The children were delighted, particularly my 12-year-old stepdaughter, Gracie, who proceeded to spend hours at a time playing in the water. Towelling herself after one long session, she noticed something odd.

“What’s happened there?” she asked, holding her foot aloft in front of my face.

I inspected the proffered appendage: on the underside of her big toe was an oblong area of glistening red flesh that looked like a chunk of raw steak.

“Did you injure it?”

She shook her head. “It doesn’t hurt at all.”

I shrugged and said she must have grazed it. She wasn’t convinced, pointing out that she would remember if she had done that. She has great faith in plasters, though, and once it was dressed she forgot all about it. I dismissed it, too, assuming it was one of those things.

By the end of the next day, the pulp on the underside of all of her toes looked the same. As the doctor in the family, I felt under some pressure to come up with an explanation. I made up something about burns from the hot paving slabs around the pool. Gracie didn’t say as much, but her look suggested a dawning scepticism over my claims to hold a medical degree.

The next day, Gracie and her new-found holiday playmate, Eve, abruptly terminated a marathon piggy-in-the-middle session in the pool with Eve’s dad. “Our feet are bleeding,” they announced, somewhat incredulously. Sure enough, bright-red blood was flowing, apparently painlessly, from the bottoms of their big toes.

Doctors are used to contending with Google. Often, what patients discover on the internet causes them undue alarm, and our role is to provide context and reassurance. But not infrequently, people come across information that outstrips our knowledge. On my return from our room with fresh supplies of plasters, my wife looked up from her sun lounger with an air of quiet amusement.

“It’s called ‘pool toe’,” she said, handing me her iPhone. The page she had tracked down described the girls’ situation exactly: friction burns, most commonly seen in children, caused by repetitive hopping about on the abrasive floors of swimming pools. Doctors practising in hot countries must see it all the time. I doubt it presents often to British GPs.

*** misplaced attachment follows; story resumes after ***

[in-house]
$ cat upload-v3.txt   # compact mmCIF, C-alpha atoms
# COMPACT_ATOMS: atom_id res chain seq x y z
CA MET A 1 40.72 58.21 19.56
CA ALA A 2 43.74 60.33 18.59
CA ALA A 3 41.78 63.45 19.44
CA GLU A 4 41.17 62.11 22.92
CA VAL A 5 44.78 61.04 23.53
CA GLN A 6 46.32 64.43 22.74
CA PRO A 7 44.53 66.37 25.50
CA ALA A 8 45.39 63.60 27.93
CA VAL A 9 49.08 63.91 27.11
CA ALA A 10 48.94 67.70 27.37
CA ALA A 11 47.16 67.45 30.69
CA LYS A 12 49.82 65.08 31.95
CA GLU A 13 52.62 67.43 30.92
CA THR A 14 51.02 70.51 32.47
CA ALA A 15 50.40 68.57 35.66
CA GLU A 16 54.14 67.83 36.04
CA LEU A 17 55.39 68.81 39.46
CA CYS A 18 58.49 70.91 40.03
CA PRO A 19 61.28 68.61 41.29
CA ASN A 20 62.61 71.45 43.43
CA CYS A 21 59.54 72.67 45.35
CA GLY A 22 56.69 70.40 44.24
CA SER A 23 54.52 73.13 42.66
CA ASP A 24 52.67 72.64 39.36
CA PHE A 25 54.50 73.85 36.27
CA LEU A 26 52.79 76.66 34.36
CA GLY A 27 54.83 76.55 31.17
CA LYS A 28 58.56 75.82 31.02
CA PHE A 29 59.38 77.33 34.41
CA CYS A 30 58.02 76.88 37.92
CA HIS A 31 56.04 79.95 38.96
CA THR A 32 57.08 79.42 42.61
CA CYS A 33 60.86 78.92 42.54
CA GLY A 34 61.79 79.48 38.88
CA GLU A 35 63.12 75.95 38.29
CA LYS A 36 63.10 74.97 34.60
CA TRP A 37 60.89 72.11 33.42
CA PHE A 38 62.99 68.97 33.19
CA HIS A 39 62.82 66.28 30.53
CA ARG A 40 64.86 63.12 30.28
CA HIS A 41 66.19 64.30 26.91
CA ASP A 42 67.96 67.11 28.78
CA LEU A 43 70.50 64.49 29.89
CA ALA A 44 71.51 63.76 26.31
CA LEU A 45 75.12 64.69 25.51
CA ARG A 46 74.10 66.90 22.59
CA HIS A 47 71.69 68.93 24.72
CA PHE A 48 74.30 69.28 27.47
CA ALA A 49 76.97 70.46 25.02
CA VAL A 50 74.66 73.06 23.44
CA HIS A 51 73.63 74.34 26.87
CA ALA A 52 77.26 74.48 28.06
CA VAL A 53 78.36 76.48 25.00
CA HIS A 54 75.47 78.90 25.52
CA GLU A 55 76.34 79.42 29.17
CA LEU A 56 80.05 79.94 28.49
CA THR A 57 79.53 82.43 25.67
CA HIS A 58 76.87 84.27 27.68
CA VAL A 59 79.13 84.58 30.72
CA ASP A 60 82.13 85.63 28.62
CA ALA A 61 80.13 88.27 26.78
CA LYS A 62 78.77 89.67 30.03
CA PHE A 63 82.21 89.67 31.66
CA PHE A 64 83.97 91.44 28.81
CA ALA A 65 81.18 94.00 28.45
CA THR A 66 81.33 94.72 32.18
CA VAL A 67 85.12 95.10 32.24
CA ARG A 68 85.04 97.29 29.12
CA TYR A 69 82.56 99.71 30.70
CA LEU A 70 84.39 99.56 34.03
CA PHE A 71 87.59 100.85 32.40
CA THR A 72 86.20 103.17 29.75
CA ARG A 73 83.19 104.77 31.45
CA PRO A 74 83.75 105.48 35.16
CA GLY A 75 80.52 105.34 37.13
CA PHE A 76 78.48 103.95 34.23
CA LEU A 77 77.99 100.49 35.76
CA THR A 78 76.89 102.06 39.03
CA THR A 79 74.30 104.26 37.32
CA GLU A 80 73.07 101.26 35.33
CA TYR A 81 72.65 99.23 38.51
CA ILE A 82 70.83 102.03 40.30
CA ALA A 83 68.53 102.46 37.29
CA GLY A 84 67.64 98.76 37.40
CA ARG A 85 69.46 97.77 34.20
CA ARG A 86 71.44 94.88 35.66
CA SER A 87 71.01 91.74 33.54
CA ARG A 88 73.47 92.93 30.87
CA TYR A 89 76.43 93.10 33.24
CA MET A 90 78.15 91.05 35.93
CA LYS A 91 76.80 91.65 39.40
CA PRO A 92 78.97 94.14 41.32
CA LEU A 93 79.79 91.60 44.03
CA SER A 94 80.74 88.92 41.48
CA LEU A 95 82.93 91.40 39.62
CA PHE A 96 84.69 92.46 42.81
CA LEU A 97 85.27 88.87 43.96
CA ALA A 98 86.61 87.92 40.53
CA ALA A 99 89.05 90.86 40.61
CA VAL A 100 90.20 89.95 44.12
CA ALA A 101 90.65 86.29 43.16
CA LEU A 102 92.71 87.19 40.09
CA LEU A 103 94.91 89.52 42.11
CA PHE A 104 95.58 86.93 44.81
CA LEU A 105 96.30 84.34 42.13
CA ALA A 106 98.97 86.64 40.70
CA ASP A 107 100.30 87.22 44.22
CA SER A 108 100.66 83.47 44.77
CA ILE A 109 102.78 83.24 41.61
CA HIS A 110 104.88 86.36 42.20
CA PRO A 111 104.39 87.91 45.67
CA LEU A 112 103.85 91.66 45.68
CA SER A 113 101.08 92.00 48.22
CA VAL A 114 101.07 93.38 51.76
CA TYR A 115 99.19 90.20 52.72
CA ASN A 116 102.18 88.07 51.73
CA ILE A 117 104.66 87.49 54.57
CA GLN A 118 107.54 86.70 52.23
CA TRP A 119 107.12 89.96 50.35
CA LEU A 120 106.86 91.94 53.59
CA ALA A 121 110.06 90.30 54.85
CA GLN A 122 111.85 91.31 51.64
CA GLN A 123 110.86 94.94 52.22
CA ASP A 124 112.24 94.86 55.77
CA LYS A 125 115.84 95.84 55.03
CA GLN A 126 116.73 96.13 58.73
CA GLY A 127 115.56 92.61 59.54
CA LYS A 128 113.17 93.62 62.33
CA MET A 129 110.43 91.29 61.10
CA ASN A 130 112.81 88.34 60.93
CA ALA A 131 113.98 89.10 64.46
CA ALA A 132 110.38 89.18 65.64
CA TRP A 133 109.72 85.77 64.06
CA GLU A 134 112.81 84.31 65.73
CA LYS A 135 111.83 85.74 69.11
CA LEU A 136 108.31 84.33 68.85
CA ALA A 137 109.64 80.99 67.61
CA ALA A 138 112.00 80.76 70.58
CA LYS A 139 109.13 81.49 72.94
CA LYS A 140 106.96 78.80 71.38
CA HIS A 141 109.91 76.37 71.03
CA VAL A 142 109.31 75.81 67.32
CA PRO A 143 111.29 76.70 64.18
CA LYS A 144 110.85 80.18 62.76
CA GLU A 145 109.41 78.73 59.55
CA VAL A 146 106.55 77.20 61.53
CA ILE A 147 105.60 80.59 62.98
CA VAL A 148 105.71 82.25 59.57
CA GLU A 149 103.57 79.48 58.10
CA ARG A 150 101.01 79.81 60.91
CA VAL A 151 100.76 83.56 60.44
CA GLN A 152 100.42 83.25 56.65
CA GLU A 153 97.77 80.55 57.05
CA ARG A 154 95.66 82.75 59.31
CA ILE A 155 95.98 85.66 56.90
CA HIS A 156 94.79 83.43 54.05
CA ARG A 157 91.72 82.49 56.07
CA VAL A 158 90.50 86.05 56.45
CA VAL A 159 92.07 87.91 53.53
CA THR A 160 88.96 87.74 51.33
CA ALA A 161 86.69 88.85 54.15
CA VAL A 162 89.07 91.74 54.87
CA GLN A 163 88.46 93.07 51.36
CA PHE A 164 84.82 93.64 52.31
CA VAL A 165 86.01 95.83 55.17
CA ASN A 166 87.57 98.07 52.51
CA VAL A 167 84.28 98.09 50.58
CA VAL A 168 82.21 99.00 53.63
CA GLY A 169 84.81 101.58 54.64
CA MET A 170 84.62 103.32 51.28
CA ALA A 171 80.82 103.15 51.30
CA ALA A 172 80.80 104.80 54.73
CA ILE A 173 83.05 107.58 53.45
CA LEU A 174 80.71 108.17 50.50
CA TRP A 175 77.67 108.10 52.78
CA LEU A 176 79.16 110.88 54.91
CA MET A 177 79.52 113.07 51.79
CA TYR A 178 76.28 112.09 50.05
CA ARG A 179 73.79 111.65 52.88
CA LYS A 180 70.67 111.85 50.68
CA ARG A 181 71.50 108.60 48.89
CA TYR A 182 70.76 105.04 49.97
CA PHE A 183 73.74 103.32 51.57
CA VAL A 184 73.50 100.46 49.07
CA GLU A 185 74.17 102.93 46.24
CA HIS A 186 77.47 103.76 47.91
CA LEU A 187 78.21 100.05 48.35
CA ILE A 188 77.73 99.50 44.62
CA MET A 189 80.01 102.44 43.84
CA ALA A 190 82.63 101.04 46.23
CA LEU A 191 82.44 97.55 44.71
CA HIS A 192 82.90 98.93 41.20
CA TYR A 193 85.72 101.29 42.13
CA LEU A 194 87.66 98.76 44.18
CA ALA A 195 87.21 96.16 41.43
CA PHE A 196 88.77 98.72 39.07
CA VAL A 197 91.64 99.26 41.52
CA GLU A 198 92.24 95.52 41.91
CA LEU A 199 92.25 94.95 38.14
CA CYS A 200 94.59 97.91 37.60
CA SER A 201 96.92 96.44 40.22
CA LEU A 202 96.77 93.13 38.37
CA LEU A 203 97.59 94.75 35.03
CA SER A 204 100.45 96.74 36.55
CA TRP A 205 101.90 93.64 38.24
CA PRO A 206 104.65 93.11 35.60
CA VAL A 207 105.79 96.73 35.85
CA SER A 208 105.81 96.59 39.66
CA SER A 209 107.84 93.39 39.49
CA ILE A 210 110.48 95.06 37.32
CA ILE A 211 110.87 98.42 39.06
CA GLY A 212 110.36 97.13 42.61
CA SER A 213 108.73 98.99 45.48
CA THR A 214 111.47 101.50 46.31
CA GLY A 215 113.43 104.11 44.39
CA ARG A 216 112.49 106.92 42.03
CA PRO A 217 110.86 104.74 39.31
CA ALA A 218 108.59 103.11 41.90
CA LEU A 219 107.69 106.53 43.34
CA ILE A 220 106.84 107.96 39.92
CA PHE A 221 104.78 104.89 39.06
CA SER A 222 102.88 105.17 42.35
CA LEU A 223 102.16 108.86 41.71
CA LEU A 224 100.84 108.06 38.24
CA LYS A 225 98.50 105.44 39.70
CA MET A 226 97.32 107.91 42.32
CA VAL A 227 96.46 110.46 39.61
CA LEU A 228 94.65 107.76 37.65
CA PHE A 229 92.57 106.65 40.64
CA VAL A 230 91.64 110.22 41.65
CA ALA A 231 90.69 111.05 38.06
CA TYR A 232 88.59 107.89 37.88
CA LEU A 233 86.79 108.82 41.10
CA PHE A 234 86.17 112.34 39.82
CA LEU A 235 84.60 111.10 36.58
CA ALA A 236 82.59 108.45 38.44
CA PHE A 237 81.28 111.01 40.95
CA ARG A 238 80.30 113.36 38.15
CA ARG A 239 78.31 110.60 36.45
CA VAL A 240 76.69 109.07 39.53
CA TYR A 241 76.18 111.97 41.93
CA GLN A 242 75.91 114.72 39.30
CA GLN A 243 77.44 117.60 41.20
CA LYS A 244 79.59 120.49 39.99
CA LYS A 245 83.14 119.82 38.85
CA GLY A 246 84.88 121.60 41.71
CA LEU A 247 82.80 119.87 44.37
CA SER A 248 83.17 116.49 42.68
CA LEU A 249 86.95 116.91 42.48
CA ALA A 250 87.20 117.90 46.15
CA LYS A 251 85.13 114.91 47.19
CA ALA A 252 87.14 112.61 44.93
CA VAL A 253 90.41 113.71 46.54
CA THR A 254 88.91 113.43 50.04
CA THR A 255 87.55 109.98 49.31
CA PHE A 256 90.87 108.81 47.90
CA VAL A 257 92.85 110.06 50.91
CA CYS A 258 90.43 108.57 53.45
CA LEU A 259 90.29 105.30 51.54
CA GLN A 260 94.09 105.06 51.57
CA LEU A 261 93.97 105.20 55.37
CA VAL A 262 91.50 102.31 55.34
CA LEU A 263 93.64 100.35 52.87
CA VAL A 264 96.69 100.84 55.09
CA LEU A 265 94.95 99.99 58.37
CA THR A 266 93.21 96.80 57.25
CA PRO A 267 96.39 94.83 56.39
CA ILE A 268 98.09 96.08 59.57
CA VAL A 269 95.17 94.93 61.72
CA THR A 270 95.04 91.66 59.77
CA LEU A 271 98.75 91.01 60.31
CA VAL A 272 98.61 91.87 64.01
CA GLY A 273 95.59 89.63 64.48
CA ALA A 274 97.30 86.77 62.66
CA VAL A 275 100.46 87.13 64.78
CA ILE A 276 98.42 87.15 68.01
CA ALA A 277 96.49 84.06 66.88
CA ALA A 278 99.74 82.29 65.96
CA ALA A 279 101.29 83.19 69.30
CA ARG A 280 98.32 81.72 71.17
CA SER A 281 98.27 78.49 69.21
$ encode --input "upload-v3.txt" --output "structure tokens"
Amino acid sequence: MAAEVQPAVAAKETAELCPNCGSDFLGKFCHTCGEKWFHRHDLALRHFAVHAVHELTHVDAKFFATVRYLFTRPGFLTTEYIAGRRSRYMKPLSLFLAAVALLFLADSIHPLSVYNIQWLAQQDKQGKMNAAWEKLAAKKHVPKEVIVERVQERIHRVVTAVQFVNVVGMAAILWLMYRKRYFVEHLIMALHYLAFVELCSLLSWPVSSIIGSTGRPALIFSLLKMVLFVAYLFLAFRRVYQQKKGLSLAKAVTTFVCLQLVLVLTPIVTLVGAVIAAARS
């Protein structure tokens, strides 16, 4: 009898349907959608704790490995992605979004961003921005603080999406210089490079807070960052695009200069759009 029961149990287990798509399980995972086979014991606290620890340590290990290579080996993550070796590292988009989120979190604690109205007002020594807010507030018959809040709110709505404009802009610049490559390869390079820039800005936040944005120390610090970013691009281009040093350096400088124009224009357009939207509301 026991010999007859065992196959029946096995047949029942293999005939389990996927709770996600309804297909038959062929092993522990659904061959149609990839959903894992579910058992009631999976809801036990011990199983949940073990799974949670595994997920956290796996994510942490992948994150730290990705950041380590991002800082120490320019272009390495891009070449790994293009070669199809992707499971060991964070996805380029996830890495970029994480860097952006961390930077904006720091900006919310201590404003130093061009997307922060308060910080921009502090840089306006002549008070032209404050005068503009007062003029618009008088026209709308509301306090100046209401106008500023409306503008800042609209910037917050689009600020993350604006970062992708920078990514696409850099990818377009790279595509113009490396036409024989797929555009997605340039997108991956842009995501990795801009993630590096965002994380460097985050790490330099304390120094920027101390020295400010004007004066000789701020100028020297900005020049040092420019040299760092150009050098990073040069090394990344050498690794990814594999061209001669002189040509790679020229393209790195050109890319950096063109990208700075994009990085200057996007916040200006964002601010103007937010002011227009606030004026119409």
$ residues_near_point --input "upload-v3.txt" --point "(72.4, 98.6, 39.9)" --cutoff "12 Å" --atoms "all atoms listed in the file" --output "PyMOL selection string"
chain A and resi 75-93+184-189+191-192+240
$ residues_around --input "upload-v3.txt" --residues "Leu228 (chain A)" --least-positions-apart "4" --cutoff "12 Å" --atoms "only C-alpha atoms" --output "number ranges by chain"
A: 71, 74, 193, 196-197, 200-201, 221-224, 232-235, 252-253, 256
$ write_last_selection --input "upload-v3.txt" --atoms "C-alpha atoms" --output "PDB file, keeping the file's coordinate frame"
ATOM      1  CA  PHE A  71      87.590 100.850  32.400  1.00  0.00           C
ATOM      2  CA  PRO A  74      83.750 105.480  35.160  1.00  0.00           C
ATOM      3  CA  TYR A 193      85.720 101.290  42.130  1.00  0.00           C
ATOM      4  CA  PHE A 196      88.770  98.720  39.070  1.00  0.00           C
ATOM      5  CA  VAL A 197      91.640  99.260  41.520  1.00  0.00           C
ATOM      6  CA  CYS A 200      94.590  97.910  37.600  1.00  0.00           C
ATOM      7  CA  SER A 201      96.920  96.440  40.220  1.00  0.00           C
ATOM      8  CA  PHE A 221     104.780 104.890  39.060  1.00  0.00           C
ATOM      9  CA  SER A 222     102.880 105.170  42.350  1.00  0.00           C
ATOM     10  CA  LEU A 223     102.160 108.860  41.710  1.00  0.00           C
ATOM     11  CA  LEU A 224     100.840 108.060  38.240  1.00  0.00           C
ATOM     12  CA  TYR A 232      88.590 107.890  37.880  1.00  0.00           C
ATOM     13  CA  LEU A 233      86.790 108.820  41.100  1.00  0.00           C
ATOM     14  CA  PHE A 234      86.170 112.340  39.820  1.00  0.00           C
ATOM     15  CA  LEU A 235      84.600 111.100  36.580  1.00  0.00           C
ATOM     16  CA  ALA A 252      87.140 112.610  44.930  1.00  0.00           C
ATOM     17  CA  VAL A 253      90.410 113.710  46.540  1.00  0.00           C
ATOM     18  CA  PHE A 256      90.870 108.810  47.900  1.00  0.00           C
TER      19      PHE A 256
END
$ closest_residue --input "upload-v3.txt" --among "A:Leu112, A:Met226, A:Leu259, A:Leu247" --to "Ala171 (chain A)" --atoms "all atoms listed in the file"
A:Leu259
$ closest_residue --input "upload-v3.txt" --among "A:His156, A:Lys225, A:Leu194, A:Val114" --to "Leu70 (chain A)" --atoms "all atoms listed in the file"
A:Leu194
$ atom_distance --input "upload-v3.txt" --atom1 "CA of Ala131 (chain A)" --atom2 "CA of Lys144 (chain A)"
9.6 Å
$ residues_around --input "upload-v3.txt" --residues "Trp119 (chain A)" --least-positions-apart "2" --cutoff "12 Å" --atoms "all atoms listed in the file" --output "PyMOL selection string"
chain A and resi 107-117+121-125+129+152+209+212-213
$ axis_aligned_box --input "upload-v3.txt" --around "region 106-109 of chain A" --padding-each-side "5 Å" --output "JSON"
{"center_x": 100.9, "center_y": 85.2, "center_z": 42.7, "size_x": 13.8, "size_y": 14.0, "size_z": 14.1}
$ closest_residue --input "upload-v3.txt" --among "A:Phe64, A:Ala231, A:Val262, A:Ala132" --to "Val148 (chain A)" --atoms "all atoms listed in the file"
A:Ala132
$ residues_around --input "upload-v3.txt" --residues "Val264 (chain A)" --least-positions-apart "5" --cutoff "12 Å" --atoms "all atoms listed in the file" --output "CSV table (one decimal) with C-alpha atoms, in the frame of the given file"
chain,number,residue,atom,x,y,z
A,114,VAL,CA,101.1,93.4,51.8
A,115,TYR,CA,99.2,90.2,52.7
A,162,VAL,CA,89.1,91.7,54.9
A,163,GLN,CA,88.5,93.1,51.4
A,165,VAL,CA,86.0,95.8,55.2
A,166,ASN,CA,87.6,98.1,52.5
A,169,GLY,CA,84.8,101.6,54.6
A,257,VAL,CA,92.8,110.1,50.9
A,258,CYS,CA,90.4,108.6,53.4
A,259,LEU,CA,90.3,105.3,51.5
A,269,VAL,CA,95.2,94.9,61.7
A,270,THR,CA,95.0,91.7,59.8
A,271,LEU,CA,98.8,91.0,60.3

I remained puzzled about the lack of pain. The injuries looked bad, but neither Gracie nor Eve was particularly bothered. Here the internet drew a blank, but I suspect it has to do with the “pruning” of our skin that we’re all familiar with after a soak in the bath. This only occurs over the pulps of our fingers and toes. It was once thought to be caused by water diffusing into skin cells, making them swell, but the truth is far more fascinating.

The wrinkling is an active process, triggered by immersion, in which the blood supply to the pulp regions is switched off, causing the skin there to shrink and pucker. This creates the biological equivalent of tyre treads on our fingers and toes and markedly improves our grip – of great evolutionary advantage when grasping slippery fish in a river, or if trying to maintain balance on slick wet rocks.

The flip side of this is much greater friction, leading to abrasion of the skin through repeated micro-trauma. And the lack of blood flow causes nerves to shut down, depriving us of the pain that would otherwise alert us to the ongoing tissue damage. An adaptation that helped our ancestors hunt in rivers proves considerably less use on a modern summer holiday.

I may not have seen much of the local heritage, but the trip to Italy taught me something new all the same. 

This article first appeared in the 17 August 2017 issue of the New Statesman, Trump goes nuclear